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Erik Larson
Dead Wake
Crown Books / Random House
US Hardcover First Edition
ISBN 978-0-307-40886-0
Publication Date: 03-10-2015
412 Pages; $28
Date Reviewed: 04-17-2015
Reviewed by: Rick Kleffel © 2015

Index:  Non-Fiction

We know, or think we know, what is going to happen. The Cunard liner Lusitania will be hit by a torpedo and sink; most of the passengers will die. What more can be said, and to what aim? Erik Larson answers that question with 'Dead Wake,' a tightly written historical thriller that for all its meticulous documentation, creates character and suspense as well as any novel. Readers will find themselves in the peculiar position of rooting for the impossible.

It's important to note that Larson is a stickler for accuracy. Everything in the book is sourced. I mention this up front because the reading experience is so immersive and novelistic that it's easy to forget you're reading a work of non-fiction. Using the sinking of the Lusitania as the centerpiece, Larson has very carefully crafted a work that offers a striking and sweeping vision of the world descending into chaos as the war that will eventually be called World War One begins.

'Dead Wake' itself begins at pier 54 on the Hudson River, on May 1, 1915, as Captain William Thomas Turner readies the Lusitania. Larson puts us effectively in the place and time of his work with sparse, effective world-building. He knows the precise level of detail required to envelop readers in the perceptions of those whop were there. And in doing so, he immediately crafts an intense sense of suspense; will these passengers survive?

On the other side of the equation, he lets us meet Captain Walther Schwieger of U-20, the German sub fated to sink the Lusitania. Here, Larson finds a disarmingly likable figure, a man who runs the "happy U-boat" with a managerial ruthlessness devoted to sinking the biggest ships he can bring down. But U-boat tech is seriously cutting edge, which in this case means that it barely and rarely works as advertised. Torpedoes are more miss than hit, and the flimsy confines of a steel tube in the ocean are prone to leaks and lack sonar.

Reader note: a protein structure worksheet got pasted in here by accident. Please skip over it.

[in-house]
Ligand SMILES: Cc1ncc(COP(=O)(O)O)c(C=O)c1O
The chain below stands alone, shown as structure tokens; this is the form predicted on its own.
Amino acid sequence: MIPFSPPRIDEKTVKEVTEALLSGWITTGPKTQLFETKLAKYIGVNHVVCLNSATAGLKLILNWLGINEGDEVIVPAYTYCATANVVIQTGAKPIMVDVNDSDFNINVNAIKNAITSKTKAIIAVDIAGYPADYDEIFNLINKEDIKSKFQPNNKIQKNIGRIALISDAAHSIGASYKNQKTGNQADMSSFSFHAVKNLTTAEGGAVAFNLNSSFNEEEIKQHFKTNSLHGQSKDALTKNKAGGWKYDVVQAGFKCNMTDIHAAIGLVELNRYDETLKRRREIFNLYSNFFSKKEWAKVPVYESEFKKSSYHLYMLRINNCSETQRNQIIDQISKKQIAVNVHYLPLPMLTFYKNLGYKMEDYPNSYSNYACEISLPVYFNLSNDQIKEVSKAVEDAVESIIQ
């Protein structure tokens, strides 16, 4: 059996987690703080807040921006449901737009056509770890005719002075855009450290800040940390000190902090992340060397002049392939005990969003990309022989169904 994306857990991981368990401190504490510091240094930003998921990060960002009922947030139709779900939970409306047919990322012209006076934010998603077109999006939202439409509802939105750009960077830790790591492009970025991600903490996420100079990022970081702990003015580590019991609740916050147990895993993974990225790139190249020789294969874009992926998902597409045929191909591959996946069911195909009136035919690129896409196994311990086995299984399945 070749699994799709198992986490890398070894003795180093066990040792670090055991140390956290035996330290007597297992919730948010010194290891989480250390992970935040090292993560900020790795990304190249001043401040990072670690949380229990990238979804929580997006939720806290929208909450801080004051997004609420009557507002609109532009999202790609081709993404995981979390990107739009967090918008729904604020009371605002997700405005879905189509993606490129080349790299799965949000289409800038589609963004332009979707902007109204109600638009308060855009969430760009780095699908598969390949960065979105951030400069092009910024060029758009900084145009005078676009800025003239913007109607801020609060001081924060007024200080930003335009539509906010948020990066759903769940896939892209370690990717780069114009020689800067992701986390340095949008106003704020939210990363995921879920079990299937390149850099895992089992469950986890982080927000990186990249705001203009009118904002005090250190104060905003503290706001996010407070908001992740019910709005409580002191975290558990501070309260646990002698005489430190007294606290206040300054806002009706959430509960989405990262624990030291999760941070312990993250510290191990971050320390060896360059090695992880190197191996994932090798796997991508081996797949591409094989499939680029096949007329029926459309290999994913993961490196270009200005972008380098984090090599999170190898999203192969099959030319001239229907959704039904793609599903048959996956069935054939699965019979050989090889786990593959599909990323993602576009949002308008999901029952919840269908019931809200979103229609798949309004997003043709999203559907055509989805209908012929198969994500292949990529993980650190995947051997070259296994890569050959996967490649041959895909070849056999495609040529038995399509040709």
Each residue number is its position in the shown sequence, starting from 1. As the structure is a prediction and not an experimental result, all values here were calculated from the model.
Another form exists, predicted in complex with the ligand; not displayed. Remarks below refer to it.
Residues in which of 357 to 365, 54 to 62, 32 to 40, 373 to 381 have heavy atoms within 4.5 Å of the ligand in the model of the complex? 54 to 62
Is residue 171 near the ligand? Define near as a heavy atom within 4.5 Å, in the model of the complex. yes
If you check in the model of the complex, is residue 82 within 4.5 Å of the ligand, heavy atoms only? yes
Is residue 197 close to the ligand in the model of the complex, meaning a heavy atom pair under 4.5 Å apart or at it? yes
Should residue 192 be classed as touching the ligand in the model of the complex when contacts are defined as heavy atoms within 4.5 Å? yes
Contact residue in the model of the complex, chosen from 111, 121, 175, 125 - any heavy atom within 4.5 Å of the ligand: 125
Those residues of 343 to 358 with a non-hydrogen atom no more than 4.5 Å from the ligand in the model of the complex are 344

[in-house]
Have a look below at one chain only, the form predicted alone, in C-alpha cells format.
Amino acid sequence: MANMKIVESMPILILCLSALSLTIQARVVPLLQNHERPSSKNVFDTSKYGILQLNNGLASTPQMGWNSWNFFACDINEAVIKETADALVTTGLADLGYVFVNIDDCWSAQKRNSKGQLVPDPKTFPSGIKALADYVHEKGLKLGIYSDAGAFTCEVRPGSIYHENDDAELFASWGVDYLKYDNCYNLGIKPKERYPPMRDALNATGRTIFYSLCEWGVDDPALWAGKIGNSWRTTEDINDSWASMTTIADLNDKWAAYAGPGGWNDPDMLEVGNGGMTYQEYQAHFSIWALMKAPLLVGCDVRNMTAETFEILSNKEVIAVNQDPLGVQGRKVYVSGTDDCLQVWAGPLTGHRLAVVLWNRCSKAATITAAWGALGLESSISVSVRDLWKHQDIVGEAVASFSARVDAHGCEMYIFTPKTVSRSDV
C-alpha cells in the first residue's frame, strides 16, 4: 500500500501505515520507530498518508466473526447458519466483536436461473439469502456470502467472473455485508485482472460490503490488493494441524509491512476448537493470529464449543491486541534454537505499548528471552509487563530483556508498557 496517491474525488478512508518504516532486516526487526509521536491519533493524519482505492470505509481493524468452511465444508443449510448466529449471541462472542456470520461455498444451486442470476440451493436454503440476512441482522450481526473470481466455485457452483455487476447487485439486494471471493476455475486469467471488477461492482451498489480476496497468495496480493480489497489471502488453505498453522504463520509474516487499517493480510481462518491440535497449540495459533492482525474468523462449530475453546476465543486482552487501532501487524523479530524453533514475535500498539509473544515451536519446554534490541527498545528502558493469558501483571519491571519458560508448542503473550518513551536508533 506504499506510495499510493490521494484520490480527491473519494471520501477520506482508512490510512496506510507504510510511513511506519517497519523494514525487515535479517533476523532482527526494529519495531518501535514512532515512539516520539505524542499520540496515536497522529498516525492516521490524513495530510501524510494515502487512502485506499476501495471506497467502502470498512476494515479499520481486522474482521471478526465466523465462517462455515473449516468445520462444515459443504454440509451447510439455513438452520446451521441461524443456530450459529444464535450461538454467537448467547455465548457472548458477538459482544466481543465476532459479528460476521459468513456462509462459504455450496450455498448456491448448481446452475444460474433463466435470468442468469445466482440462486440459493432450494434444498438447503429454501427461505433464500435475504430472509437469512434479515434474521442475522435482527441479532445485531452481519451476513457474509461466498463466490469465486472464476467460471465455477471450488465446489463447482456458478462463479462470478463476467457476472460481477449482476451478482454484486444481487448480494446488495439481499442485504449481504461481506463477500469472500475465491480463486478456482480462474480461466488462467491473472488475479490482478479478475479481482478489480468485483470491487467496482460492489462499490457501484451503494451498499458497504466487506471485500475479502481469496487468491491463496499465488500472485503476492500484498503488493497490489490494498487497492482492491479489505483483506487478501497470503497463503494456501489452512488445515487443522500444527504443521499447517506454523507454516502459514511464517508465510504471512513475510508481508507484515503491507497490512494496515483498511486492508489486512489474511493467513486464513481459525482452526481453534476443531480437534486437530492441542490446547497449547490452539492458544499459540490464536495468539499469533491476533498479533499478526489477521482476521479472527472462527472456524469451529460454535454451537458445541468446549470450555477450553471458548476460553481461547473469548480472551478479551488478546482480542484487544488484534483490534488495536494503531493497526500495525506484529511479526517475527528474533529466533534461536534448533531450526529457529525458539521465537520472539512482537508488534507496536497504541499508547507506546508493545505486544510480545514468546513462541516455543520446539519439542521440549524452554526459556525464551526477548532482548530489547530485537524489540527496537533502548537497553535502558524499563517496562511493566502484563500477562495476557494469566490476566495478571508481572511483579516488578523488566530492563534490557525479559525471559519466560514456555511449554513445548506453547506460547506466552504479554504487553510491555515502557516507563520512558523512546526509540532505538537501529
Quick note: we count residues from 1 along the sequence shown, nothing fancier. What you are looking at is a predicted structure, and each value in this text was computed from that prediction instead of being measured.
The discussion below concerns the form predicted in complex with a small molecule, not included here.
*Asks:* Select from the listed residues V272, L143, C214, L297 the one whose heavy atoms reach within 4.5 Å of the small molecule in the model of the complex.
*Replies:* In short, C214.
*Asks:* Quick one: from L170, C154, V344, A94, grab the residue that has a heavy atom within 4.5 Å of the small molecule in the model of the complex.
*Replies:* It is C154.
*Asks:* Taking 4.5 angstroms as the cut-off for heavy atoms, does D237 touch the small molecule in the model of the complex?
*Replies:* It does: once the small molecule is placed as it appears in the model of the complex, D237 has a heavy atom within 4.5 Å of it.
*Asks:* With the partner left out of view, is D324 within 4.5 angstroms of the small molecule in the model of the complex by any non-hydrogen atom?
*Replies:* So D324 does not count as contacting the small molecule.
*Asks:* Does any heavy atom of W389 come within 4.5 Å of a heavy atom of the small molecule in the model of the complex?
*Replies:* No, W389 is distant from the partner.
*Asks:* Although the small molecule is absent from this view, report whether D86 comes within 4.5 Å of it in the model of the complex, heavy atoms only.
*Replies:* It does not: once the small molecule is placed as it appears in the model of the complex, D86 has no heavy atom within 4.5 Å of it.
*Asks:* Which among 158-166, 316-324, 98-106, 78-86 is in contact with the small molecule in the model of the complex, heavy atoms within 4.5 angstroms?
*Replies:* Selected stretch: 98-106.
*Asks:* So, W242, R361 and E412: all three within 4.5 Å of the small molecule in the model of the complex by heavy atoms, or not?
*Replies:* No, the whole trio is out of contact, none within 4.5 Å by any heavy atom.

The plot is simple and tense; soon enough, the Lusitania will meet U-20, be torpedoed and sink in 18 minutes. Getting there is the key and Larson takes us from Washington DC, where we meet a depressed and love-struck President Woodrow Wilson, to Room 40 in the UK< where Winston Churchill is angling to get the Yanks dragged into this European War, to the war front itself, where soldiers jump and die to advance a battle line on the nightmarish landscape that would inspire J. R. R. Tolkien's Mordor. Larson makes all this seem relevant, seamless and crisply engaging.

'Dead Wake' offers all the involving thrills of a novel; great characters, complicated ethics and morals, tense situations, romance, and the world literally hanging in the balance, with the impact of non-fiction, to wit — it's all mind-bogglingly true. Larson assuredly fills in a lot of details about the sinking of the Lusitania that will be shockingly new to most readers, but the real appeal here is not simply the great facts, or even the great stories. 'Dead Wake' weaves facts in a manner that is equally artful and entertaining. Larson re-builds the past with his own personal style of prose, story and spectacle. For his readers, Erik Larson makes the past present.

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